>>>> the house and I just say no outside and then take her out. I don't
>>>> believe in the rubbing the nose or screaming etc. Didn't do that
>>>> with my kids so why should a dog tolerate it?
>>>>
>>>> Anyways, she is 12 weeks old. How long does it usually take before
>>>> they go to the door etc and you can really trust them?
>>>>
>>>> Thanks,
>>>>
>>>> Linda



L Alpert
2004-04-21 20:07:27 EST
KrisHur wrote:
> "L Alpert" <alpertl@xxcomcast.net> wrote in message
> news:b5khc.36897$yD1.106314@attbi_s54...
>> Ignoring it is the same as acceptance.
>
> The dog is not capbable of making the thought, "she ignored the poop
> on the floor so it must be ok to go there."

No, but showing unhappiness with it associates the dung in the house with
you being unhappy.

> And ignoring it is not
> what I'm advocating. I would greet poop/pee by in a disappointed tone
> talking to *it*--"Oh boy this stinks".
>
> Until a dog understands a behavior they cannot grap being punished for
> non-compliance. And the way you describe handling accidents doesn't
> *teach* the dog anything other than you do not like bowel/bladder
> movements.

It teaches them that crap on my carpet makes me mad. And by placing them
outside after they know that, the can correlate the actions quite nicely.
My success at doing this tells me that it works.

>For example, every time your husband comes home, he sees
> your shoe on the floor. He gets mad and drags you over to the shoe
> yelling no, no, no and holding you so that you have to look at it. He
> then puts you and the shoe in the closet. Can you grasp that he's
> trying to teach you to put your shoes in the closet and not leave
> them out? Couldn't he have handled it in a gentler manner?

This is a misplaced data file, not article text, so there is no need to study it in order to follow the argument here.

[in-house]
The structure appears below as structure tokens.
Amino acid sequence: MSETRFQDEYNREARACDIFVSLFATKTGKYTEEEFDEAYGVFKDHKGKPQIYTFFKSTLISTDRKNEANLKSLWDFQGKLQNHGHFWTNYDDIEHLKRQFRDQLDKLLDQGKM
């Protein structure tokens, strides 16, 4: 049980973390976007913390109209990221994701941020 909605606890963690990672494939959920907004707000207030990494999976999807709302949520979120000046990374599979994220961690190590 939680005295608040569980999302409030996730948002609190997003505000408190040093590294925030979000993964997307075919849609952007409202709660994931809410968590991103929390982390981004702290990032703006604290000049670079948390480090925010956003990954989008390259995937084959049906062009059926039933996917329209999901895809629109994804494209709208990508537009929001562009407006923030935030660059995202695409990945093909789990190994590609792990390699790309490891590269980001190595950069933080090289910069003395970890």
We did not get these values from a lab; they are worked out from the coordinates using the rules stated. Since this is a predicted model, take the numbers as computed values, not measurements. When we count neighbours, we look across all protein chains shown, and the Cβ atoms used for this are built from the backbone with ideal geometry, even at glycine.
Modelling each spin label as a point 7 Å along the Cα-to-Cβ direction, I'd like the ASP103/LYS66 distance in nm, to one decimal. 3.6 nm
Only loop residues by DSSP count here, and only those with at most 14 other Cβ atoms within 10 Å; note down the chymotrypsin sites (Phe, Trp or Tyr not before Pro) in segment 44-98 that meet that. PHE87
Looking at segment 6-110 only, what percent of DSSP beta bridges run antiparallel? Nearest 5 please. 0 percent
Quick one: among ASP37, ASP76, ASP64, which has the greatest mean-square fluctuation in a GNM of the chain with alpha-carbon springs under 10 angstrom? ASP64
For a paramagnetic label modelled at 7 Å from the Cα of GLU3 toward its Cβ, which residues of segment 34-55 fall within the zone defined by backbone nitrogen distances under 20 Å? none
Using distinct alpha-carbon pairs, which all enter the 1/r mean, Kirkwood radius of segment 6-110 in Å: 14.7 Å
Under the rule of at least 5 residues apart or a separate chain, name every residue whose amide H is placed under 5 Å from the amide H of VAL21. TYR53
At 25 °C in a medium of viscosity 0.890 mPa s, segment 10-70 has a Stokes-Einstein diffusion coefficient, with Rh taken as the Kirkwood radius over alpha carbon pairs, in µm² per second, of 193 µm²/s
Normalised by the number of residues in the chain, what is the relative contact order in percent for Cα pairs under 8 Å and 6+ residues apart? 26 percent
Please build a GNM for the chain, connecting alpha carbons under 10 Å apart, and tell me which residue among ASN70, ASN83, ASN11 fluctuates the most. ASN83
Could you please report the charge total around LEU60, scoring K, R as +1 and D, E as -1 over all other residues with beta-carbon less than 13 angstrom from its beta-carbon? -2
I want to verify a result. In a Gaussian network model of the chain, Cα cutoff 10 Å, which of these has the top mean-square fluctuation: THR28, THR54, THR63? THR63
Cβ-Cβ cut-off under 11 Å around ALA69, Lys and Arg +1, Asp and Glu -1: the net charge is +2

So you pick up the dog and say good boy, nice crap on the floor? Why would
positive re-enforcement be understood by a dog and not negative
re-enforcement? If they can understand one, they sure can understand the
other.
Who says that the negative re-enforcement has to be truamatic? I'm not
saying to abuse the animal. One can be stern without being abusive and
still get the message across. It works well with animals and kids.

>
> A dog can get it by being scolded, that's not the question here. This
> is a quality of training issue. Kohler and the Monk's methods also
> work but kinder/gentler ways are just as effective. Different
> strokes...
>

Since all my past and current animals all seem to be well rounded and well
behaved, I would have to keep going with what works.

There is no quality of training issue with what is effective. If you are
worried that it would be trumatic for the animal, well, then let him piss on
the floor and tell him what a good boy (or girl) he/she is.

I currently have over 200 pounds of well behaved and well loved dogs in my
home (actually, it seems in my home, I am only #5 or 6 in the pecking
order!). They all know what they are allowed to play with and even where in
the yard they can go to the bathroom. I can leave the room with food on the
table or counter, and I know that neither of them will will make a move for
it, as tables and counters are off limits. Period. And they know this.

I walk all three of them together everyday without them pulling me down the
street. The do not chew, nor destroy anything in the house. They have
their own cache of playtoys in a box that they pull out from time to time
and chew on nothing else. The only problem with them is shedding, which
nothing other than daily brushing can really be done (The Newfoundland is
hairy, as well as Collie mix). Even the Pit Bull, which everyone said I
would have problems with training, listens well and is non destructive.

>
>>> "Linda" <whoknows@hotmail.com> wrote in message
>>> news:tpSgc.10951$c%3.10825@okepread02...
>>>> We just got a female cavalier spaniel one week ago and of course
>>>> started housebreaking it immediately when we got home with her. We
>>>> are using the crate and since I do not work--well not outside of
>>>> home anyways--lol I follow her constantly. Taking her out about
>>>> every 45 mins or so and of course there's been a few accidents in
>>>> the house and I just say no outside and then take her out. I don't
>>>> believe in the rubbing the nose or screaming etc. Didn't do that
>>>> with my kids so why should a dog tolerate it?
>>>>
>>>> Anyways, she is 12 weeks old. How long does it usually take before
>>>> they go to the door etc and you can really trust them?
>>>>
>>>> Thanks,
>>>>
>>>> Linda